Paper: RIDL Rogue In-Flight Data Load

In this post, I’ll explain the mechanisms behind a recent micro-architectural exploit. It’s in the same genre as the speculative execution exploits but has less strict requirements.

Schaik, Stephan van, et al. “RIDL: Rogue In-Flight Data Load.” 2019 IEEE Symposium on Security and Privacy (SP), 2019, pp. 88–105

I’ve intended to read up on the speculative execution attacks that have been published last year but I always postponed it. But when Vaishali Thakkar started a virtual papers reading group, I finally found enough motivation.

RIDL is a recent exploit and is part of a set of microarchitectural data sampling attacks, more information can be found at the MDS Attacks web page. I had to learn many new things about microprocessor internals to understand the exploit. Hopefully, it will be easier to read the Spectre, Meltdown, and Foreshadow papers now.

I was surprised by how ineffective the exploits are: the paper describes how it took 24 hours to retrieve 26 bytes from a /etc/shadow file. On the other hand, as Stephen Röttger shows in Escaping the Chrome Sandbox with RIDL, it is possible to attack real systems!

The Attack

The victim makes a load or store which causes data to be put in the Line Fill Buffer (LFB). The attacker makes a speculative load and then a dependent load into a flush-reload buffer. By timing accesses to the flush-reload buffer, the attacker can infer which data was written or read by the victim.

Here is an example of an attacker code sequence.

/* Flush flush & reload buffer entries. */
for (k = 0; k < 256; ++k)
	flush(buffer + k * 1024);

/* Speculatively load the secret. */
char value = *(new_page);
/* Calculate the corresponding entry. */
char *entry_ptr = buffer + (1024 * value);
/*Load that entry into the cache. */

/* Time the reload of each buffer entry to see which entry is now cached. */
for (k = 0; k < 256; ++k) {
	t0 = cycles();
	*(buffer + 1024 * k);
	dt = cycles - t0;
	if (dt < 100)
		++ results[k];

What differentiates this attack from the earlier Spectre, Meltdown and Foreshadow exploits is that the victim thread can leak data even if it is just running straight-line code, no need for branches or page faults.

The Line Fill Buffer

A modern Out-Of-Order CPU has lots of buffers and units. I had never heard of a Line Fill Buffer but here is my current understanding of how it works: When data is to be stored it follows this schema1:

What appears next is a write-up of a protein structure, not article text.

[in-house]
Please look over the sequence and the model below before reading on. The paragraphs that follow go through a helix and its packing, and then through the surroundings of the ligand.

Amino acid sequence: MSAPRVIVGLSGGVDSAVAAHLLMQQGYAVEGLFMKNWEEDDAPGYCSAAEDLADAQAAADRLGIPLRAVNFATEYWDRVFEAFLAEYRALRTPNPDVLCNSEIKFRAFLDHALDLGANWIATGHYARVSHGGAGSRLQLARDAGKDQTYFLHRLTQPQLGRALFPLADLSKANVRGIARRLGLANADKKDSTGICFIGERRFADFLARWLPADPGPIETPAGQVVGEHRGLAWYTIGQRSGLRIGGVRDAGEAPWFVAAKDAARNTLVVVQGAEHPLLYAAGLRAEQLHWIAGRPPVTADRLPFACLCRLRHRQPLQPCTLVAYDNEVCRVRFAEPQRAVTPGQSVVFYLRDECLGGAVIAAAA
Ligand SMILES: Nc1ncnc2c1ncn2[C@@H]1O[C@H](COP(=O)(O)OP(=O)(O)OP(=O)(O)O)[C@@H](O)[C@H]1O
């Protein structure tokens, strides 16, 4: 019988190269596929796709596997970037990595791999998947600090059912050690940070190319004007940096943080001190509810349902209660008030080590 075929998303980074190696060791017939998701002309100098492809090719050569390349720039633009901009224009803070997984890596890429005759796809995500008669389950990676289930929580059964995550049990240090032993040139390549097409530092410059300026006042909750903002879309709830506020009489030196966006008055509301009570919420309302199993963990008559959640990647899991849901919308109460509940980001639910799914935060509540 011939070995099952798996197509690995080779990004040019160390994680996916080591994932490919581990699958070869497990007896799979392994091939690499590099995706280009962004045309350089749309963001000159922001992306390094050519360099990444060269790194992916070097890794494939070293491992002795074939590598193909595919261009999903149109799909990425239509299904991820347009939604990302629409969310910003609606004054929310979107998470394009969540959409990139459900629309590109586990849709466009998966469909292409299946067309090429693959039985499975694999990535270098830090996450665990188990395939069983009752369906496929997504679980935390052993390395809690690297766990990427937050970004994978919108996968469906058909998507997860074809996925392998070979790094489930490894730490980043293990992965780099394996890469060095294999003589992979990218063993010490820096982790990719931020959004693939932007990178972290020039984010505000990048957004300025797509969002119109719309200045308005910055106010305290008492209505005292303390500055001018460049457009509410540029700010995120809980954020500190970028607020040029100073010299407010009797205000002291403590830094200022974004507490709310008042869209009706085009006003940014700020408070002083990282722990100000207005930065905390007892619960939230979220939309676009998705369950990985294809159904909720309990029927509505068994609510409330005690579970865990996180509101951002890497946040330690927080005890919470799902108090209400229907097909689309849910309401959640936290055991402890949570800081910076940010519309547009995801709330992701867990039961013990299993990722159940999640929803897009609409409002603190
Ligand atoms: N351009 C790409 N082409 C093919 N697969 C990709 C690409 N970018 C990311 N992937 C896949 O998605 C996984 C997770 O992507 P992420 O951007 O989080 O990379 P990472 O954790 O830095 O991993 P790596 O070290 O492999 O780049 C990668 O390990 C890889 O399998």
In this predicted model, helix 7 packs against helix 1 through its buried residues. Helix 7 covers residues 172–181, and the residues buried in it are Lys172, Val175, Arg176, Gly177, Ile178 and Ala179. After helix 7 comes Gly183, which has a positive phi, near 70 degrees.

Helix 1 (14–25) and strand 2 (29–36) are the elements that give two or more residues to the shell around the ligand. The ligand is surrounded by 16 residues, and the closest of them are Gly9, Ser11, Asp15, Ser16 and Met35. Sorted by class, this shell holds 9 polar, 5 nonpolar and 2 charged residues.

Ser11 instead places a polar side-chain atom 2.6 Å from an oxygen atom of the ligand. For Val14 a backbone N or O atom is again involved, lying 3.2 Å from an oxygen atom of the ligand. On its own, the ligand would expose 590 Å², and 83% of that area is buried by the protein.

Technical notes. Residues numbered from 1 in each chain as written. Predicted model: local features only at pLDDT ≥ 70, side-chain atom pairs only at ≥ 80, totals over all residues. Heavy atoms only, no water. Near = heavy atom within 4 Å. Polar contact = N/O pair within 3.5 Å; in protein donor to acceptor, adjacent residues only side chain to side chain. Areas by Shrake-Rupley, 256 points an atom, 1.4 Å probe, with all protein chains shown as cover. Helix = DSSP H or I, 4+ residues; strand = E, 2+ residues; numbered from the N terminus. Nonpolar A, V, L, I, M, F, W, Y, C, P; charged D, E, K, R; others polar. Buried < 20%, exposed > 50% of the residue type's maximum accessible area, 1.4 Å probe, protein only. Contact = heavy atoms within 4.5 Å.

1. A store instruction gets scheduled and has a store buffer entry allocated.
  2. The instruction executes.
  3. When all older instructions have retired, the store instruction retires
  4. The store waits until it is at the head of the store buffer (it is the oldest not committed store) at which point it will commit (become globally visible) into the L1 if the associated cache line is present and in MESIF Modified or Exclusive state. 5. If the line is not present in the required state, a Line Fill Buffer (LFB) is allocated.
  5. In the miss scenario, the LFB eventually comes back with the full content of the line, which is committed to the L1, and the pending store can commit.

How to determine that the Line Fill Buffer leaks?

The authors wrote a kernel module to mark memory in the victim thread as write-back (WB), write-through (WT)2, write-combine (WC) and uncacheable (UC). For the first experiment, they compared the number of successful retrievals (hits) of the victim data to the lfb_hit performance counter and saw a strong correspondence.

For the second experiment, a victim thread initially writes a known value to a fixed memory address and then reads it back in a loop, where each read is followed by a mfence. The number of hits in the attacker was recorded. The experiment was done for all four memory types, WB, WT, WC, UC. The experiment was also done for all memory types with the cache flushed using the clflush instruction.